There are many reasons for poking fun at Apple.

The MacBook Pro notch. Their inherently stupid charging mechanism for the Magic Mouse. Referring to the material used to construct the iPhone 5C as “unapologetically plastic”. Suggesting that it required “courage” to remove the headphone jack from the iPhone.

Oh, and then there was the butterfly keyboard. That didn’t go down too well, did it?

They have done and said some very silly things, but none of the aforementioned David Brent moments come even close to my biggest gripe with Apple.

Where’s that damn cable…

I own both AirPods Pro and AirPods Max. The former are my go-to headphones for working out, listening to podcasts, commuting, cooking, faffing about in the studio, and tuning into YouTube videos on the sofa when the TV is otherwise engaged.

I absolutely love them – they’re easily the most magical, useful device Apple has created in the last few years.

AirPods Max are an indulgence. They’re stupidly priced (although if you shop around, the price is getting slightly less stupid the closer we get to Christmas), and come with quite possibly the most ridiculous ‘case’ I’ve ever seen. Alas, they sound great, offer similar Apple Magic to AirPods Pro, and feature some of Apple’s best industrial design.

There’s just one huge issue with both of these headphones, and it comes close to ruining the ownership experience.

They are always running out of charge, and it relates entirely to Apple’s unwavering, nonsensical, absolutely insane loyalty to Lightning.

Why this matters

I talk a lot about batteries during my reviews. This is because it’s the single biggest convenience factor of any modern device.

We think about battery performance all the time. Whether it’s the desire to get through a full day’s travel on a single charge of your iPhone, or the realisation that you’ll have to delay your morning run while your headphones recharge, batteries dictate the way we use and rely on tech.

There are three elements of batteries that are essential:

  • stamina;
  • standby time; and
  • charging convenience.

Apple is brilliant at the first two. The in-use battery performance on the new MacBook Pro is genuinely life-changing for my business. The standby time on the brilliant M1 MacBook Air still astonishes me to this day.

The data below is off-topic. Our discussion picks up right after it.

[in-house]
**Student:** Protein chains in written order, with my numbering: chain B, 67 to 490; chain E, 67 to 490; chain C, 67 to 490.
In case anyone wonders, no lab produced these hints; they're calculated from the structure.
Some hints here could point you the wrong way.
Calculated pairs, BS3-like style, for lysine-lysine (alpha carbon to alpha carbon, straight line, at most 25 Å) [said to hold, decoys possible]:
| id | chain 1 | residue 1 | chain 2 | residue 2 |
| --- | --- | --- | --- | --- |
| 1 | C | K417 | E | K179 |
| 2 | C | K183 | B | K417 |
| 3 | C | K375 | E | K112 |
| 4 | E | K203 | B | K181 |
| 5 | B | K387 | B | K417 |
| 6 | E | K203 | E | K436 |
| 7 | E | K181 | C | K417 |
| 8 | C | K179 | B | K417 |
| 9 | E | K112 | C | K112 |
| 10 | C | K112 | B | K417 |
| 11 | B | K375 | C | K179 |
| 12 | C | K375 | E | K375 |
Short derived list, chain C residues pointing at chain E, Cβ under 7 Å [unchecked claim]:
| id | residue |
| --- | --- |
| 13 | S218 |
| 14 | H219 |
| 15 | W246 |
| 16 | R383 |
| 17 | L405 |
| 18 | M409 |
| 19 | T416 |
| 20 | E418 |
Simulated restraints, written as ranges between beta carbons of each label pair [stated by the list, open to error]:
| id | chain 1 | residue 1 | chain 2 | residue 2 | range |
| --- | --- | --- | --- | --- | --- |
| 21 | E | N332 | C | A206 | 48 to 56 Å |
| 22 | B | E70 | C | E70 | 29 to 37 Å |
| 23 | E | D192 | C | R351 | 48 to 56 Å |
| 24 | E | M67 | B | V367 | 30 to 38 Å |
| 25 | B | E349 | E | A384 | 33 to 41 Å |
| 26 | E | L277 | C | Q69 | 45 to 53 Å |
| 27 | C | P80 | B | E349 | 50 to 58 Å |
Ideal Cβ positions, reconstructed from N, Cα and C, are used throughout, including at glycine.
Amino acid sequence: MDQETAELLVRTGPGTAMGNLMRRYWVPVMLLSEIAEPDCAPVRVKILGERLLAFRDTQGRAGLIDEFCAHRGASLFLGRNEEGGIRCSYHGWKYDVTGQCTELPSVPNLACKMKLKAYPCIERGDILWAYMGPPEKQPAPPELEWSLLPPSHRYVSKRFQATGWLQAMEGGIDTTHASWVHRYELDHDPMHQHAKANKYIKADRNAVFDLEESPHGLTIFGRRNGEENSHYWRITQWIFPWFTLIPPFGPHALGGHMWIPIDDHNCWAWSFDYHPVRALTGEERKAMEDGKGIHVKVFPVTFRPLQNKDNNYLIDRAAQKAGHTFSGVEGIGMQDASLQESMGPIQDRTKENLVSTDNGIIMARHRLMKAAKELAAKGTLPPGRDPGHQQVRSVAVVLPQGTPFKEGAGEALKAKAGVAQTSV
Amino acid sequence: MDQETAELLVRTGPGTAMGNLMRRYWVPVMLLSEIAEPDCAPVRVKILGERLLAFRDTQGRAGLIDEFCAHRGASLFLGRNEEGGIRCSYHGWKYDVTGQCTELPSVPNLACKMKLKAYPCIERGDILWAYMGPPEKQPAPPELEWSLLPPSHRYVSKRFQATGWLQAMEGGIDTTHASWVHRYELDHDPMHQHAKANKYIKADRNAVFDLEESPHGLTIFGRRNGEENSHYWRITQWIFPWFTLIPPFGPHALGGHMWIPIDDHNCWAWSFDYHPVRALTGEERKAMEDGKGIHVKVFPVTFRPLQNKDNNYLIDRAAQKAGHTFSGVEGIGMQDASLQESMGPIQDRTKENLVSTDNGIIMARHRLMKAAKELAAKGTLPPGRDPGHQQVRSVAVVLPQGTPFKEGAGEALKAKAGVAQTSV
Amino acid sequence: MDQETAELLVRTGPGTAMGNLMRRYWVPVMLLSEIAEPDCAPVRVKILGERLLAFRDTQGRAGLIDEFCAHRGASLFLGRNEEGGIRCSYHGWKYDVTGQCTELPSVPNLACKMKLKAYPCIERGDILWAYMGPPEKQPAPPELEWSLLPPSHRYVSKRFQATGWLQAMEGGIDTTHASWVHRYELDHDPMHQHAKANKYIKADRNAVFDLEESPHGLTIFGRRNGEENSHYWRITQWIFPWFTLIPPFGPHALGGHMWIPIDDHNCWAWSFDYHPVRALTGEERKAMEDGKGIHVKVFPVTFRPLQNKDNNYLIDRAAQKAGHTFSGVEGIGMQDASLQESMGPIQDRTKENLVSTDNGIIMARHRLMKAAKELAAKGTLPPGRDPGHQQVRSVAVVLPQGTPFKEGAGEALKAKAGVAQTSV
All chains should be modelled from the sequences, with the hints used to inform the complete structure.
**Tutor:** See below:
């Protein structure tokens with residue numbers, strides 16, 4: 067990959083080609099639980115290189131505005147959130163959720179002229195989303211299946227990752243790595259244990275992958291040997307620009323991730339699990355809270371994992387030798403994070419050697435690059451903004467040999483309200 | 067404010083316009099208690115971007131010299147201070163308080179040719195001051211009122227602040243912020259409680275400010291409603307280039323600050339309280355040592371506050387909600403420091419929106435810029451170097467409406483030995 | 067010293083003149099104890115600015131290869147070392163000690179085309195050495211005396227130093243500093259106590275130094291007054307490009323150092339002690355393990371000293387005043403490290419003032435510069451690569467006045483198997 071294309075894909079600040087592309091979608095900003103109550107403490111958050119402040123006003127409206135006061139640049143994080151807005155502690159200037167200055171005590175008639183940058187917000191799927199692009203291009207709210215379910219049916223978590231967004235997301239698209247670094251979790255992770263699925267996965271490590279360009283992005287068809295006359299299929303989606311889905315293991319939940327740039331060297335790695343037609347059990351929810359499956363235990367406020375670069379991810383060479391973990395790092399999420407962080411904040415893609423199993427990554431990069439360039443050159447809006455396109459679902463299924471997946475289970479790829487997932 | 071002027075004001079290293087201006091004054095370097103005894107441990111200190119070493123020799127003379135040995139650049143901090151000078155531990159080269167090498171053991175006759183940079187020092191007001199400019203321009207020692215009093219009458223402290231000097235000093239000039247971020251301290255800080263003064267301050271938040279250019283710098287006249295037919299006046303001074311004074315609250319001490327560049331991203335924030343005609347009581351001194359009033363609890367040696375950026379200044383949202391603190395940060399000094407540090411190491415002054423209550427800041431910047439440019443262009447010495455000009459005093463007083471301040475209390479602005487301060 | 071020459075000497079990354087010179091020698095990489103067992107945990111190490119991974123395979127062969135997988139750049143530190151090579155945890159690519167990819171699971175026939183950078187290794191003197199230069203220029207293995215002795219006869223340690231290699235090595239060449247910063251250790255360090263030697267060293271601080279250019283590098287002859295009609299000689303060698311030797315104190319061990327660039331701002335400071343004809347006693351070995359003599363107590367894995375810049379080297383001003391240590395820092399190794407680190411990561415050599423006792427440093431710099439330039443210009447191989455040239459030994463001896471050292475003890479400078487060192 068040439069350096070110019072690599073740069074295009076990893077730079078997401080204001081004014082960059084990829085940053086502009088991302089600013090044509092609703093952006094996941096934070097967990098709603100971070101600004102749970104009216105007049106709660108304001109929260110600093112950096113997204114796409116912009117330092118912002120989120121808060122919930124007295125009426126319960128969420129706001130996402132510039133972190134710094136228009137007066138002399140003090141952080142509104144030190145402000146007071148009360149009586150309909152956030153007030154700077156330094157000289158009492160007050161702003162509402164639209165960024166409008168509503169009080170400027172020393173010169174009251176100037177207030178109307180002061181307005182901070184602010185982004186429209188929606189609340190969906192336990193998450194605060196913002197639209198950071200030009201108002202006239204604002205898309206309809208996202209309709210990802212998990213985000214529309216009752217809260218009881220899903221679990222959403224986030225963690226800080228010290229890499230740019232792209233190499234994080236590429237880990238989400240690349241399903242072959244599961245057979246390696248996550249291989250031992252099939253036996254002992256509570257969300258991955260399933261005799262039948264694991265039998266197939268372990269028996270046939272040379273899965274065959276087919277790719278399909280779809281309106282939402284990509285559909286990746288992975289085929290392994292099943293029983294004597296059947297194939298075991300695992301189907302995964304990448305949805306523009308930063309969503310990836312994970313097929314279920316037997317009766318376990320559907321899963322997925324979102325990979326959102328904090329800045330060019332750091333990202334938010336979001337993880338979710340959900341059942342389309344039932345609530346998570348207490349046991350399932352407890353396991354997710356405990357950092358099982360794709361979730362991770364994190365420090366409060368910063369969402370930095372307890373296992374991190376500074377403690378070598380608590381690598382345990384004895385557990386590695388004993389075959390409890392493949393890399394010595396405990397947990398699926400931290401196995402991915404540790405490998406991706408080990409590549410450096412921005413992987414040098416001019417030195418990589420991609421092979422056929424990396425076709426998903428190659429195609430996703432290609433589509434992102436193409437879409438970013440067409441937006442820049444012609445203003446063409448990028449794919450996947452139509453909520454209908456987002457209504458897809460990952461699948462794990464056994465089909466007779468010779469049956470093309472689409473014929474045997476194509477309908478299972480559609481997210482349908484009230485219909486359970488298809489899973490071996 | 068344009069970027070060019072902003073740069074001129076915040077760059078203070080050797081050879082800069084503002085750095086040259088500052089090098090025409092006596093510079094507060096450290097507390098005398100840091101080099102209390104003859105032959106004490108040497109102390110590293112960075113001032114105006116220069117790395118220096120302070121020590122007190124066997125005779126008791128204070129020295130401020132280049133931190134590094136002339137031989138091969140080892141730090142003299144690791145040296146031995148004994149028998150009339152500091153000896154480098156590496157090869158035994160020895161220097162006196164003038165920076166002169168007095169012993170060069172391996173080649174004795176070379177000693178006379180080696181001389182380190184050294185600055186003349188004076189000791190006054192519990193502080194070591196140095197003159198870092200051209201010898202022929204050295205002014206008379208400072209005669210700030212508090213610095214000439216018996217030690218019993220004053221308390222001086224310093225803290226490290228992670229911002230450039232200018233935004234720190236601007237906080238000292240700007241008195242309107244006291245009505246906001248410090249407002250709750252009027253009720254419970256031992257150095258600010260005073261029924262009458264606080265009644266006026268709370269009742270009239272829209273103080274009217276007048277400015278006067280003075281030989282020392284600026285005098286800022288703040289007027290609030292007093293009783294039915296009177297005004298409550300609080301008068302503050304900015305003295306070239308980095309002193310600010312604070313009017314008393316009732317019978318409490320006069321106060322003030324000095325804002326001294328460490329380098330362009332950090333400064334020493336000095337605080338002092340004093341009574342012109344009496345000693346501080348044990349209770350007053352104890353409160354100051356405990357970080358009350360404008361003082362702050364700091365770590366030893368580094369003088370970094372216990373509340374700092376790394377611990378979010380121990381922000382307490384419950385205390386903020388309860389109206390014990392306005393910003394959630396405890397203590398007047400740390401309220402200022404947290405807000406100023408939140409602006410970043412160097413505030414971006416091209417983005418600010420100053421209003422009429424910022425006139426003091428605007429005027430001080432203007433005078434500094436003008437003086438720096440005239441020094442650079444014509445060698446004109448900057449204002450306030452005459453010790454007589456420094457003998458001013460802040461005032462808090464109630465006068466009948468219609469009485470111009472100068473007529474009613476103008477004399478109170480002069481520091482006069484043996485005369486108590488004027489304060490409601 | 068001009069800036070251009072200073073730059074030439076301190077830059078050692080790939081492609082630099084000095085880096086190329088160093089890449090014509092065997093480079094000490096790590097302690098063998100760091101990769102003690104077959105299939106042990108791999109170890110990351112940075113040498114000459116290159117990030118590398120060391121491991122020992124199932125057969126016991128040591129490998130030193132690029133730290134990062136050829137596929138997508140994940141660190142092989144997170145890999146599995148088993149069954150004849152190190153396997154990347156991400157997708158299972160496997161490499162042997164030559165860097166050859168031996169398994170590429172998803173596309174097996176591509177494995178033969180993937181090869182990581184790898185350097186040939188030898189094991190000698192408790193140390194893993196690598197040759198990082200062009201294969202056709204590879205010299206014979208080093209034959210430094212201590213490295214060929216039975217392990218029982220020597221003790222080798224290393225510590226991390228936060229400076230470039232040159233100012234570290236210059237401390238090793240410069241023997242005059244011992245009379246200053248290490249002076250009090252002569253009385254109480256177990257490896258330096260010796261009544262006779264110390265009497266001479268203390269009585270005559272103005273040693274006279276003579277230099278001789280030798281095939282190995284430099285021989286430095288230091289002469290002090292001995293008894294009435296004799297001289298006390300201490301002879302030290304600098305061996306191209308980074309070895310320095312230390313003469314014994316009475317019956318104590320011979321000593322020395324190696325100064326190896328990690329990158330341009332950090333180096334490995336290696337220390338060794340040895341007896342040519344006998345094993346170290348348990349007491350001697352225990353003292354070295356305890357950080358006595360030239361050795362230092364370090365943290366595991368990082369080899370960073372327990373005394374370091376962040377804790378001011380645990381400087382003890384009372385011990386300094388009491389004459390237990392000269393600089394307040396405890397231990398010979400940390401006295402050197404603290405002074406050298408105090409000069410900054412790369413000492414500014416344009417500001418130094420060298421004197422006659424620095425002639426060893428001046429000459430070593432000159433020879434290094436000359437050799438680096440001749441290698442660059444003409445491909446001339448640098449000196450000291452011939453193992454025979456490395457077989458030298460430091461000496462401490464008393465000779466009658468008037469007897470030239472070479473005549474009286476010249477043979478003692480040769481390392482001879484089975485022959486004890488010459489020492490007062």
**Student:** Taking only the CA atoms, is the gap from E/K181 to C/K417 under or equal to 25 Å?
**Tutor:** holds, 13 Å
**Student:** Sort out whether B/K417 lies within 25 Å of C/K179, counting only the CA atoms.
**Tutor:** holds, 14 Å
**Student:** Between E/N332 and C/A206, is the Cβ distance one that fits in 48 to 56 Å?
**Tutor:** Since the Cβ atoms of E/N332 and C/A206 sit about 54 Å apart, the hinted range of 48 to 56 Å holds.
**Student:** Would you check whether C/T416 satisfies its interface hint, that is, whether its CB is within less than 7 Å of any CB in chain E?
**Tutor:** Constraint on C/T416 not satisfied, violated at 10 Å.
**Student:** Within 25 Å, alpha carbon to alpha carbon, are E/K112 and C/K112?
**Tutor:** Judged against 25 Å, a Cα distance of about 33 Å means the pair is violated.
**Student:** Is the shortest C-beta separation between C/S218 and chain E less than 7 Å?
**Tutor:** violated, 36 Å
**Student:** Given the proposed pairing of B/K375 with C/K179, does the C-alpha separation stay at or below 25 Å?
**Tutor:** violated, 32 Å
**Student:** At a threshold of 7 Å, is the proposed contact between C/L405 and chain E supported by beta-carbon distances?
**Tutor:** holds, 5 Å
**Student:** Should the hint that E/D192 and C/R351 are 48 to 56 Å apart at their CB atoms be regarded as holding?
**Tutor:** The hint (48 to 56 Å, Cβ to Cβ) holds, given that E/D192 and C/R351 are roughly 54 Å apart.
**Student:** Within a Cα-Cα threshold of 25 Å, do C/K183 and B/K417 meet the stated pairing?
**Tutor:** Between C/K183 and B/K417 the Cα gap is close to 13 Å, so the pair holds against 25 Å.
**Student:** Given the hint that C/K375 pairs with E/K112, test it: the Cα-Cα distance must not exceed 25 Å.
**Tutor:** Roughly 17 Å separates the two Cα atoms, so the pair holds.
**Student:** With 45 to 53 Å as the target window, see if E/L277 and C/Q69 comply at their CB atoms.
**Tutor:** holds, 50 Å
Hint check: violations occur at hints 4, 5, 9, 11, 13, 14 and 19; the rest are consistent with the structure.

However, there’s a reason that the only two Apple devices I own which constantly run out of charge are the aforementioned AirPods. Wireless charging on the AirPods Pro aside, they both rely on Lightning.

I never have a Lightning cable to hand. This is because every other device I own charges via USB-C.

Thanks to every other manufacturer’s desire to make our lives easier, those USB-C cables are ludicrously convenient and there’s always one to hand when I’m in a pickle.

It’s such a simple, obvious solution, too. There is no conceivable reason why AirPods Max shouldn’t charge via USB-C – every other pair of over-the-ear headphones on the market does exactly that. The same goes for AirPods Pro and, yes, the iPhone.

To this day, it annoys me every single time I have to dig out a Lightning cable. More worryingly, it feels archaic and usually results in me giving up entirely and using a different pair of headphones.

That’s not what you want is it, Tim?

Trying to justify their decision

I’ve spent what most normal people would consider far too long trying to justify Apple’s decision to stand by Lightning, and I’ve rounded on a rather simple conclusion.

It’s impossible. There is no justification.

This is illustrated most comically with the iPhone 13 Pro’s ability to shoot video in ProRes. The feature is incredibly impressive and gives hobbyists and professional filmmakers a huge amount of control during post-processing. But if you shoot 4K ProRes, you’ll chew up 8GB for every minute filmed.

This will result in some pretty big files. But beyond AirDrop (which, in my experience, has never been particularly reliable for large files), you’re stuck with Lightning as the only means to transfer your footage to a Mac for editing. Which will take roughly 8,298 years for a 10 minute ProRes clip.

I – and I’m sure every other professional video creator – would rather connect my teeth to the mains than wait for Lightning to do its thing.

Even the European Union realises how stupid Lightning is. In a bid to reduce waste and encourage consumers to re-use existing chargers, the EU wants all smartphone manufacturers to provide USB-C charging.

There is no technical reason for Lightning. There are no design constraints it places on device manufacturing. There is literally no justification for Apple holding onto this slow, inconvenient, uncommon charging and data port, and I’ve totally had enough of it.

Am I alone in this?